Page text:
During the last three decades there has been a revival of the activity on the geometric properties of such groups or their geometric actions on metric measure spaces, due in no small part to the influence of [

Consider a finitely generated group

Let

Having defined a distance function

By the definitions of the above paragraph one can classify the growth rate of groups into polynomial, intermediate, and exponential. We can immediately see that the growth of a group

The power-law functions

All exponential functions

All functions of intermediate type

One can look at the above equivalences from the viewpoint of entropies regarding the proposal of [

It is also worth seeing that something similar is true for groups of intermediate growth: the mapping from an exponential to an intermediate volume growth rate which is induced by an entropic functional such as (

We proceed by stating the construction of the first Grigorchuk group [

To go straight to the heart of the matter, the first Grigorchuk group is the finitely generated infinite group

We try to provide a more “physical interpretation” of some of the constructions above. First of all, the fact that we use an infinite tree can be interpreted as indicating that the system under study has infinite memory. A binary option can be interpreted as a fermionic state which is either empty (0) or full

The conventional creation and annihilation operators are composite in this description. To fill an empty single fermionic slot, someone would have to move back one step toward the root of the tree and then forward one more step along the complementary branch of the subtree. The same applies to annihilating a single fermionic state in such a multiparticle analogy. This is, in essence, what the automorphism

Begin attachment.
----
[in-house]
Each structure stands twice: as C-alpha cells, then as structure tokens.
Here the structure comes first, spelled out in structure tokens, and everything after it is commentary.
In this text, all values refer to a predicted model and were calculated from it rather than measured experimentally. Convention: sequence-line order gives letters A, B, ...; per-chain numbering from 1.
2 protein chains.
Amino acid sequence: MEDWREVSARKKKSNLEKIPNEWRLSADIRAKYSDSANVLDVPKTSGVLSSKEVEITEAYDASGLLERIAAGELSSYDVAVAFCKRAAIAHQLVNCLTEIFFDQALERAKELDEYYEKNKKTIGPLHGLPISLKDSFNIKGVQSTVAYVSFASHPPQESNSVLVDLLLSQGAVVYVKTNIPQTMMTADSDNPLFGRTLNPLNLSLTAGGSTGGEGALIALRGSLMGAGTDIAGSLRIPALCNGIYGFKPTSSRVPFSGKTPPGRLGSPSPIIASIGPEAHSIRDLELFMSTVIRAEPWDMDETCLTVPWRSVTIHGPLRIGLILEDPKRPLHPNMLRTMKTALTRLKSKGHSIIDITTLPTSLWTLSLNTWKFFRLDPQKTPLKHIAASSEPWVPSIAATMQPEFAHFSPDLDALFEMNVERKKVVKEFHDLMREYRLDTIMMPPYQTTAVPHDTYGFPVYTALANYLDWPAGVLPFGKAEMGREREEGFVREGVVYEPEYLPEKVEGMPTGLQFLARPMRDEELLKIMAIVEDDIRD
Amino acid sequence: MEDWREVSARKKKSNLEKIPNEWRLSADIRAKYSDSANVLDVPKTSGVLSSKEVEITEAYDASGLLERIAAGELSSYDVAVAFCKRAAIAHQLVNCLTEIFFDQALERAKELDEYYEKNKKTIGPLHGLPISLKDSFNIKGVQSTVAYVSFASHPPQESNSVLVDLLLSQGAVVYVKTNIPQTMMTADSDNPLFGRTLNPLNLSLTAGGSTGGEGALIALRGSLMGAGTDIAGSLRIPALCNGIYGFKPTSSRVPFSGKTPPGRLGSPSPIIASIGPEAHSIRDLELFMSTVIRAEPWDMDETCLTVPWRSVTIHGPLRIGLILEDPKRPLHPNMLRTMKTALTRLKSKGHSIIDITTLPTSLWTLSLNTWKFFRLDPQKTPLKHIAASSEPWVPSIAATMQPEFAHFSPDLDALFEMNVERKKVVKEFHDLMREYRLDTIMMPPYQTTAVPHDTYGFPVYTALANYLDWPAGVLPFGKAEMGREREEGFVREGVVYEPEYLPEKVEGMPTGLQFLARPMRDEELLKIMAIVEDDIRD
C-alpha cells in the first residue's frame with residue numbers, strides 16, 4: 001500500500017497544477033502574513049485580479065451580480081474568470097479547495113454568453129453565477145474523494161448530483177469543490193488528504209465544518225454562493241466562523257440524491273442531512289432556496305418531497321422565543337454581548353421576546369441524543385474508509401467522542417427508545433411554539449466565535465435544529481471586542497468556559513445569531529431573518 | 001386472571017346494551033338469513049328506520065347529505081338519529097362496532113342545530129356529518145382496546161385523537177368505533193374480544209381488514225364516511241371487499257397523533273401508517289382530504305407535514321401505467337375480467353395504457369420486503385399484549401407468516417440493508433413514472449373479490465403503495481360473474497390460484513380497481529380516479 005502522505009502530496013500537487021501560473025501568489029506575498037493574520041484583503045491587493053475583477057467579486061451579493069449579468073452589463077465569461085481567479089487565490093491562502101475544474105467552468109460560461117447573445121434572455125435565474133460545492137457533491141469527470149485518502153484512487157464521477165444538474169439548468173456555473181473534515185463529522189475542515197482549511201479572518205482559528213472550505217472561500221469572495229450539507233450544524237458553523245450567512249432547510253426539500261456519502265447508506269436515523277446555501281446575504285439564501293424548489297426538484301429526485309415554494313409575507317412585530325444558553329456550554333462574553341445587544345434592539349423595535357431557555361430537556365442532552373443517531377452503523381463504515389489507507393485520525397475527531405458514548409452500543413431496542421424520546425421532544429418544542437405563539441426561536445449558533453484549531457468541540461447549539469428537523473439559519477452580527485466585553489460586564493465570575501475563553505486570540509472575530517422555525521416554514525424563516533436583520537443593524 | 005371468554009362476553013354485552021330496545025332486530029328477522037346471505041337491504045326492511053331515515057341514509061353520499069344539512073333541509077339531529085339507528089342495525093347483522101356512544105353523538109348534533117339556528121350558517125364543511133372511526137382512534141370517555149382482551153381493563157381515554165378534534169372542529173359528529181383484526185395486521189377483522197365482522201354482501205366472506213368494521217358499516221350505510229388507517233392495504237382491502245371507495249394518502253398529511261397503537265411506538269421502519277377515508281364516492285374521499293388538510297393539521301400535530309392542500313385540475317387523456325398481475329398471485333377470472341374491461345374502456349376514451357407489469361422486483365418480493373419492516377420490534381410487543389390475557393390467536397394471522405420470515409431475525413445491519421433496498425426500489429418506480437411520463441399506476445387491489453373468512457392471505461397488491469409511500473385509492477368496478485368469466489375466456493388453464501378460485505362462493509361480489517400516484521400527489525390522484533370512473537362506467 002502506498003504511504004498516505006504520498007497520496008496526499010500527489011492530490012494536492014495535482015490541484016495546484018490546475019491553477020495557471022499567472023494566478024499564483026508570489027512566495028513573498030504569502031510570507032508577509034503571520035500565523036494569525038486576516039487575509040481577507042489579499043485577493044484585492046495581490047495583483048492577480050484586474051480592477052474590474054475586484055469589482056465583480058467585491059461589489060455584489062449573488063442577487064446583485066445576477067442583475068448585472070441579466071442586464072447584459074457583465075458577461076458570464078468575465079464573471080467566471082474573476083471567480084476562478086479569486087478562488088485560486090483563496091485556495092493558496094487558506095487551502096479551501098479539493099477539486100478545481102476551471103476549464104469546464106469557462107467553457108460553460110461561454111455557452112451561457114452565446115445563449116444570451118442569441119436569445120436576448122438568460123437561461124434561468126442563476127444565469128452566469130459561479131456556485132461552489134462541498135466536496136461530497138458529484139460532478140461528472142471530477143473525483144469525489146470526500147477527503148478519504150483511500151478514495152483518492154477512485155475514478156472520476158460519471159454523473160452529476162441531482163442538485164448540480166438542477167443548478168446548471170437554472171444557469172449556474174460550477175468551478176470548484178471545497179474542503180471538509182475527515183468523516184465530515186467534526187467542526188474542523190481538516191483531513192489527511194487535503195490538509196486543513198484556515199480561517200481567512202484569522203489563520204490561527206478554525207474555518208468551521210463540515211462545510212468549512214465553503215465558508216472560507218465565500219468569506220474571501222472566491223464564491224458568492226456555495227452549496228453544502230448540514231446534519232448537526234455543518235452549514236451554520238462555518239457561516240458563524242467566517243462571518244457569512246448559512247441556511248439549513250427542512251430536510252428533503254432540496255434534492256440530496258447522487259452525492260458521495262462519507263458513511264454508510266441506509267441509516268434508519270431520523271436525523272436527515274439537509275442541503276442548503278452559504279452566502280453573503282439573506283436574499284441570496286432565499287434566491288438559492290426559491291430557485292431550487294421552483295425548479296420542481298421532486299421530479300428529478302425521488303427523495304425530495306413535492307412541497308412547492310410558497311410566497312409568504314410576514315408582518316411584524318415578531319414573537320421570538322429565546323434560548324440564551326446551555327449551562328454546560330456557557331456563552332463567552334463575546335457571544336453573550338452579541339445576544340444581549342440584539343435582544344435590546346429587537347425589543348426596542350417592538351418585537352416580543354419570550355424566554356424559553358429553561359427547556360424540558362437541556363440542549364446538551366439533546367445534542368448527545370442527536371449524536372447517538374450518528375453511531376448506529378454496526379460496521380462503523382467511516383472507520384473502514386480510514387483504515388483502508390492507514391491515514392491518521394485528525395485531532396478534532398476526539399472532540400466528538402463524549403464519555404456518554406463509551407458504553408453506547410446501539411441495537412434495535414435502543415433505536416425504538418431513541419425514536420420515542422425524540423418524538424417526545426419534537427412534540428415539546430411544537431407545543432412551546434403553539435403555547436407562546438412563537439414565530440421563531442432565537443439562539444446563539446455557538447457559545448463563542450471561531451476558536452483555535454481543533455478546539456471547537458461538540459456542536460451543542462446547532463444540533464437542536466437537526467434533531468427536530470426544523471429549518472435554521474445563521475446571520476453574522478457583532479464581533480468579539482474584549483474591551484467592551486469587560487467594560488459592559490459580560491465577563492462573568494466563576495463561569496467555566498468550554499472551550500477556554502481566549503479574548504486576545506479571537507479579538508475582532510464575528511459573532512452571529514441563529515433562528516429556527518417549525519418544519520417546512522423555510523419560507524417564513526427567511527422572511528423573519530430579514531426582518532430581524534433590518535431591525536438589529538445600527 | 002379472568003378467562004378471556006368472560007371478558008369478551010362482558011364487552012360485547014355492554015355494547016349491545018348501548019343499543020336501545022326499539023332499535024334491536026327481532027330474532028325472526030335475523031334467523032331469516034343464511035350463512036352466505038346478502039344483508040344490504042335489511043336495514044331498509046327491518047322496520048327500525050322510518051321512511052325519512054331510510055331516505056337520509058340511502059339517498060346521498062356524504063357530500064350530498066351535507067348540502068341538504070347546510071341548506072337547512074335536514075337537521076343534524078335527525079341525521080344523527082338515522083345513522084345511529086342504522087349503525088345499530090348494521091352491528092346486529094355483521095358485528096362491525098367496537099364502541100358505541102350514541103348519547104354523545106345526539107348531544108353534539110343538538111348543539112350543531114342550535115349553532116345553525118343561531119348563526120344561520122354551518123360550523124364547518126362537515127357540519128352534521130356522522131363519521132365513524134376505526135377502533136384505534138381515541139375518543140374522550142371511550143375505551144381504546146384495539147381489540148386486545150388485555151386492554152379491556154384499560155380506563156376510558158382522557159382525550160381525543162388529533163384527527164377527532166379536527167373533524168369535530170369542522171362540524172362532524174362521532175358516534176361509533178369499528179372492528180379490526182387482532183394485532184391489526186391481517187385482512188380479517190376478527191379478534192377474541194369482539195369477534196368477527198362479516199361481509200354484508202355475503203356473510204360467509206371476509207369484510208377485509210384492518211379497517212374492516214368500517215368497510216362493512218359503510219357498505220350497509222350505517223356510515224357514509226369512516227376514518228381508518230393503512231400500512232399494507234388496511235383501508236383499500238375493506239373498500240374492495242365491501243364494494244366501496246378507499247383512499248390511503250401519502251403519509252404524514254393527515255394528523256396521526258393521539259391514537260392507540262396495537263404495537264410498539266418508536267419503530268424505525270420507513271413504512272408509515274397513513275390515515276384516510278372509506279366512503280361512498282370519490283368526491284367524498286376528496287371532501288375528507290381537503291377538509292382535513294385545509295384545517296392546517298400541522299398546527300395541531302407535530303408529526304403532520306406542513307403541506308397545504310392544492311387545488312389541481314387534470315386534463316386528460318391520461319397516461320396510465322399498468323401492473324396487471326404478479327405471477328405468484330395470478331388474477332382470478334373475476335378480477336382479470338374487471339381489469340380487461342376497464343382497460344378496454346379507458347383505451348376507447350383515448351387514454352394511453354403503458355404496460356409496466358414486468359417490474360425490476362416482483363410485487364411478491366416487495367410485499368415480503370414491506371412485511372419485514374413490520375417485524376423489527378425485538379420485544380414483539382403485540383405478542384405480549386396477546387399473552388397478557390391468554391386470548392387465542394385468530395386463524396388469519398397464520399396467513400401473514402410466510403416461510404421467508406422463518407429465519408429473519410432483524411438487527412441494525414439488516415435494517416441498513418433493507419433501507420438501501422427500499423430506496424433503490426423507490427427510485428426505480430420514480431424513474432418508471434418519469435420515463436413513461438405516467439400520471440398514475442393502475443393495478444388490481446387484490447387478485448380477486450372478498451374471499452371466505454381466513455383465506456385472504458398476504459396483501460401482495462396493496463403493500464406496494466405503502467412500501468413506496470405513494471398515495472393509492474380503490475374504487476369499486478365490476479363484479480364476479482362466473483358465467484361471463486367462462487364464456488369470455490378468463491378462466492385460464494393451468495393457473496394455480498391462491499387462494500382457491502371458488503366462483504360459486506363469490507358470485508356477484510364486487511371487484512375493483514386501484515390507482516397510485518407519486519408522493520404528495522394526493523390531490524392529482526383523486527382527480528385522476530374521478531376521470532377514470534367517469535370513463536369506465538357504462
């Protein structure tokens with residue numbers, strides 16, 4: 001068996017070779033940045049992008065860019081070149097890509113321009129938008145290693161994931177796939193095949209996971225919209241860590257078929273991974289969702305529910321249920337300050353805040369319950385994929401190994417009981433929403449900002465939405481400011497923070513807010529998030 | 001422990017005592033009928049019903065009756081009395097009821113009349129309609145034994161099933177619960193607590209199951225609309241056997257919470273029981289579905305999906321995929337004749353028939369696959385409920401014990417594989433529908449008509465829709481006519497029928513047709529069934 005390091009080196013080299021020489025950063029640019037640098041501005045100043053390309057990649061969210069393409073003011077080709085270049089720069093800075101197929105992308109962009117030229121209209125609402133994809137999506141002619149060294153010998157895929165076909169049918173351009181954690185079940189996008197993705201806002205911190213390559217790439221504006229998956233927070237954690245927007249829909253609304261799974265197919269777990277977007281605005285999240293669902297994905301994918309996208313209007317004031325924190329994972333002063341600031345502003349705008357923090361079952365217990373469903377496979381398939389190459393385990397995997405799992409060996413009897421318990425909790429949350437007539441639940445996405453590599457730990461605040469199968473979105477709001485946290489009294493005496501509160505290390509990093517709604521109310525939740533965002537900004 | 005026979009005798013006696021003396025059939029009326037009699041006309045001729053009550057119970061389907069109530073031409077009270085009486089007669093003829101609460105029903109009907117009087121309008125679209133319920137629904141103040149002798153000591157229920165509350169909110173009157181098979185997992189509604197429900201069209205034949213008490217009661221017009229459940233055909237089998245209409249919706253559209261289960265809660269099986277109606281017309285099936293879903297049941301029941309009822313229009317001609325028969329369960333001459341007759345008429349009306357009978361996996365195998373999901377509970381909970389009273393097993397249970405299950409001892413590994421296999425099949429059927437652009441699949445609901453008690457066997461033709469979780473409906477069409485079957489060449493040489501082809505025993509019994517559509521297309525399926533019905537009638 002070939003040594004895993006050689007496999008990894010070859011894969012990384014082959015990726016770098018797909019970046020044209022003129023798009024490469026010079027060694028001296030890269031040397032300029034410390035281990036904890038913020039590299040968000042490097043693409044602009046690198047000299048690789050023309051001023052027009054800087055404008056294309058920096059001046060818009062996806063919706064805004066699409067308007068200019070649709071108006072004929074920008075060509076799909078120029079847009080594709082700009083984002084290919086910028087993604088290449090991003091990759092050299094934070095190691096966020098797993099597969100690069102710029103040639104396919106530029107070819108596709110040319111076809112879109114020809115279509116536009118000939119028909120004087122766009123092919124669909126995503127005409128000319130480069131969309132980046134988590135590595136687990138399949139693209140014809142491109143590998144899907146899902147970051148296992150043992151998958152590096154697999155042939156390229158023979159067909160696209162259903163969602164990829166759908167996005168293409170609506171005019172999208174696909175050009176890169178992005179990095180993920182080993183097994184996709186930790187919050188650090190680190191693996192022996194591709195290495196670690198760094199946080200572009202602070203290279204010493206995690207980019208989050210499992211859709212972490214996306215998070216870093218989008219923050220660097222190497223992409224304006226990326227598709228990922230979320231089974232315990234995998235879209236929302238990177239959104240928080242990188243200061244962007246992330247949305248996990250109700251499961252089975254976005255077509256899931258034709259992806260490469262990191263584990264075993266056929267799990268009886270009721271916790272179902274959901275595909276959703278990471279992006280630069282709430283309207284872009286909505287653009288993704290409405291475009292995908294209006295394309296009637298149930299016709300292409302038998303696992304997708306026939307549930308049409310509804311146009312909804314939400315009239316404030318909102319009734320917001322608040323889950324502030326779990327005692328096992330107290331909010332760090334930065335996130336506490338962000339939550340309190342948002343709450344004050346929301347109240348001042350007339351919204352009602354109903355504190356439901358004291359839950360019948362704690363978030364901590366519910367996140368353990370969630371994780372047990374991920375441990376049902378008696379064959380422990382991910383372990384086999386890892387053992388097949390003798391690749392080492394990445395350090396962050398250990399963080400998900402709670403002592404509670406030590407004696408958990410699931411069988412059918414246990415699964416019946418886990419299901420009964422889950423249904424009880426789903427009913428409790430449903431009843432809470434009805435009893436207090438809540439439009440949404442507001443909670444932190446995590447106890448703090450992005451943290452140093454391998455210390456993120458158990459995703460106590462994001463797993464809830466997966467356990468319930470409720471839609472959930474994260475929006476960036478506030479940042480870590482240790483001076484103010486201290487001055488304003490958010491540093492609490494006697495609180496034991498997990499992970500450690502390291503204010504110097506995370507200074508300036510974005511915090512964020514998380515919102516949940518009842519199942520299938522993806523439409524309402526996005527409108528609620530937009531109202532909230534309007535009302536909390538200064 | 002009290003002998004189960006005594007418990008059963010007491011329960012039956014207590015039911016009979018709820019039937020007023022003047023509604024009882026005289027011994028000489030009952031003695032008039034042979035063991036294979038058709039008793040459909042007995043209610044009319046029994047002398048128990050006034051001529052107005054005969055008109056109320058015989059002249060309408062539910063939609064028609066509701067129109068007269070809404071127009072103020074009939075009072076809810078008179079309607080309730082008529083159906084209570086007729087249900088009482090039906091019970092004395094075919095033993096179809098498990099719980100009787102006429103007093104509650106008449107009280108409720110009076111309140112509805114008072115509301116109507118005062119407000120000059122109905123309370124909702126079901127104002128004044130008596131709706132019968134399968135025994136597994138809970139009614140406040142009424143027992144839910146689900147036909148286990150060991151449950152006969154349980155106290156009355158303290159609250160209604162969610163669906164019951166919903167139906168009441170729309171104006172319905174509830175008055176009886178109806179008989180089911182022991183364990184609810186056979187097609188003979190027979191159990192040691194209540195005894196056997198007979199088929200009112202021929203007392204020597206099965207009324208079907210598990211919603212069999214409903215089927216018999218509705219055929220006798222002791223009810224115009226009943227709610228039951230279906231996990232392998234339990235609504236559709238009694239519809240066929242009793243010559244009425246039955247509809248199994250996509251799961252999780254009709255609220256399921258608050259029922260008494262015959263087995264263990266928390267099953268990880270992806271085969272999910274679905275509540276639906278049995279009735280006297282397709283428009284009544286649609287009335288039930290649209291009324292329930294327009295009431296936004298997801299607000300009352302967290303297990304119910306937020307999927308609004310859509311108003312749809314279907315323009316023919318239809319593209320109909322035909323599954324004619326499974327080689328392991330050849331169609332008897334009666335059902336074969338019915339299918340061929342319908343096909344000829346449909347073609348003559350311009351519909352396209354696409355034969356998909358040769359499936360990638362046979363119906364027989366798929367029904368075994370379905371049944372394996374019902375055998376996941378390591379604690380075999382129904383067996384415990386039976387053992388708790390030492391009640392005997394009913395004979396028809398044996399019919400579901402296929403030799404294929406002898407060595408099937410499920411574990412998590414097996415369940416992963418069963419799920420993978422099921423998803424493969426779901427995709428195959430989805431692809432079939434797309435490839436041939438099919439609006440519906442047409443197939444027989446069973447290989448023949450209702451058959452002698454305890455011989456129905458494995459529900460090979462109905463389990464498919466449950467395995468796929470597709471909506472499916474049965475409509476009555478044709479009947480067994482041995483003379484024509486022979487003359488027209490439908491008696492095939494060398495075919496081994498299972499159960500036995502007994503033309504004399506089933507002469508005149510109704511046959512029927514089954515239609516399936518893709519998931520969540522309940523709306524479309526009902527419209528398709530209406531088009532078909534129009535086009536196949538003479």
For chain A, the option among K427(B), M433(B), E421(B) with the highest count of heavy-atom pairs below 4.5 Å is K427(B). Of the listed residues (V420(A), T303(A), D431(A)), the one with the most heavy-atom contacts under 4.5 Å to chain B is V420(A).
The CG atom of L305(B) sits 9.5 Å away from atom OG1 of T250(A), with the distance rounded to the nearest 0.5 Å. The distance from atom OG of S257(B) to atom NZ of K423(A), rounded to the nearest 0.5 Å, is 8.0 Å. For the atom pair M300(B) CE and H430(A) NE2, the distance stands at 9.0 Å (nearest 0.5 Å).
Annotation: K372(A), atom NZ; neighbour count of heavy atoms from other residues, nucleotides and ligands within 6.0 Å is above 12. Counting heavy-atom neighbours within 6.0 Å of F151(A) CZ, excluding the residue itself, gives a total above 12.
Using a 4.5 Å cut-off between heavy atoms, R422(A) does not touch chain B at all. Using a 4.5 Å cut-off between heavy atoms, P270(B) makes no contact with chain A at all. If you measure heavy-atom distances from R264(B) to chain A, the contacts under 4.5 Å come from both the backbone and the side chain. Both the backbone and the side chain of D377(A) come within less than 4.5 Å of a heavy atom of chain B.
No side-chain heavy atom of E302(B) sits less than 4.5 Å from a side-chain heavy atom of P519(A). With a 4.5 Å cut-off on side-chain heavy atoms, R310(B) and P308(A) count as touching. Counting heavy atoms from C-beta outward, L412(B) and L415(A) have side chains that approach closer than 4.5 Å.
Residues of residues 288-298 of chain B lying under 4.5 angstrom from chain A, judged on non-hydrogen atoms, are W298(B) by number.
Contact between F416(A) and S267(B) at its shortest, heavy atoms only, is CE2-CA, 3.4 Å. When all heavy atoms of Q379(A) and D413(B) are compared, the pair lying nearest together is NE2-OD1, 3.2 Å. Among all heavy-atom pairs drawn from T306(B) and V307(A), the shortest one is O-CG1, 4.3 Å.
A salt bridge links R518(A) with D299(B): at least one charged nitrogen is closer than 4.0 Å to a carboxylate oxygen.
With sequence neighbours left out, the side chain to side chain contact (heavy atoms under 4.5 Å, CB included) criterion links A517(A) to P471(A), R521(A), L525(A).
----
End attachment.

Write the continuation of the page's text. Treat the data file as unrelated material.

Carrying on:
This lack of a familiar interpretation of the generators

Physics extensively uses “infinite” groups: the gauge groups in Particle Physics; the diffeomorphism group, the Bondi-Metzner-Sachs group, and so on in general relativity; the Kac-Moody and loop groups in string theories; and so on are all infinite dimensional. However,

The fact that

It may be of physical interest to see whether any of the more familiar phase spaces (finite dimensional Riemannian manifolds) can possibly have intermediate volume growth. A theorem of A. Avez, responding to a conjecture of E. Hopf, seems to exclude such a possibility, for the compact case at least: a compact, connected Riemannian manifold

In this work we argued that an entropic functional (

The present work can be placed in the wider context of examining the dynamical foundation of statistical mechanics, particularly in determining the basis and range of applicability of the nonadditive entropic forms that have been developed over the last three decades in the Physics community. A common weakness of these approaches is the complete lack of analytically tractable models of systems with many degrees of freedom that can be studied as examples and for obtaining physically relevant results. The present work also suffers from such a lack of concrete examples. On the other hand, it expands the range of systems and techniques at which one may usually look for properties of systems that may be described by such nonadditive entropies. The connection between groups of intermediate growth, self-similar groups, and fractals may be potentially quite promising in addressing some of the important issues that have arisen since the introduction of (

The author declares that there are no conflicts of interest regarding the publication of this paper.

The author is greatly indebted and grateful to the Director of CRANS, Professor Anastasios Bountis, for his constant inspiration, encouragement, and support as well as for many fruitful conversations without which this work would have never been possible.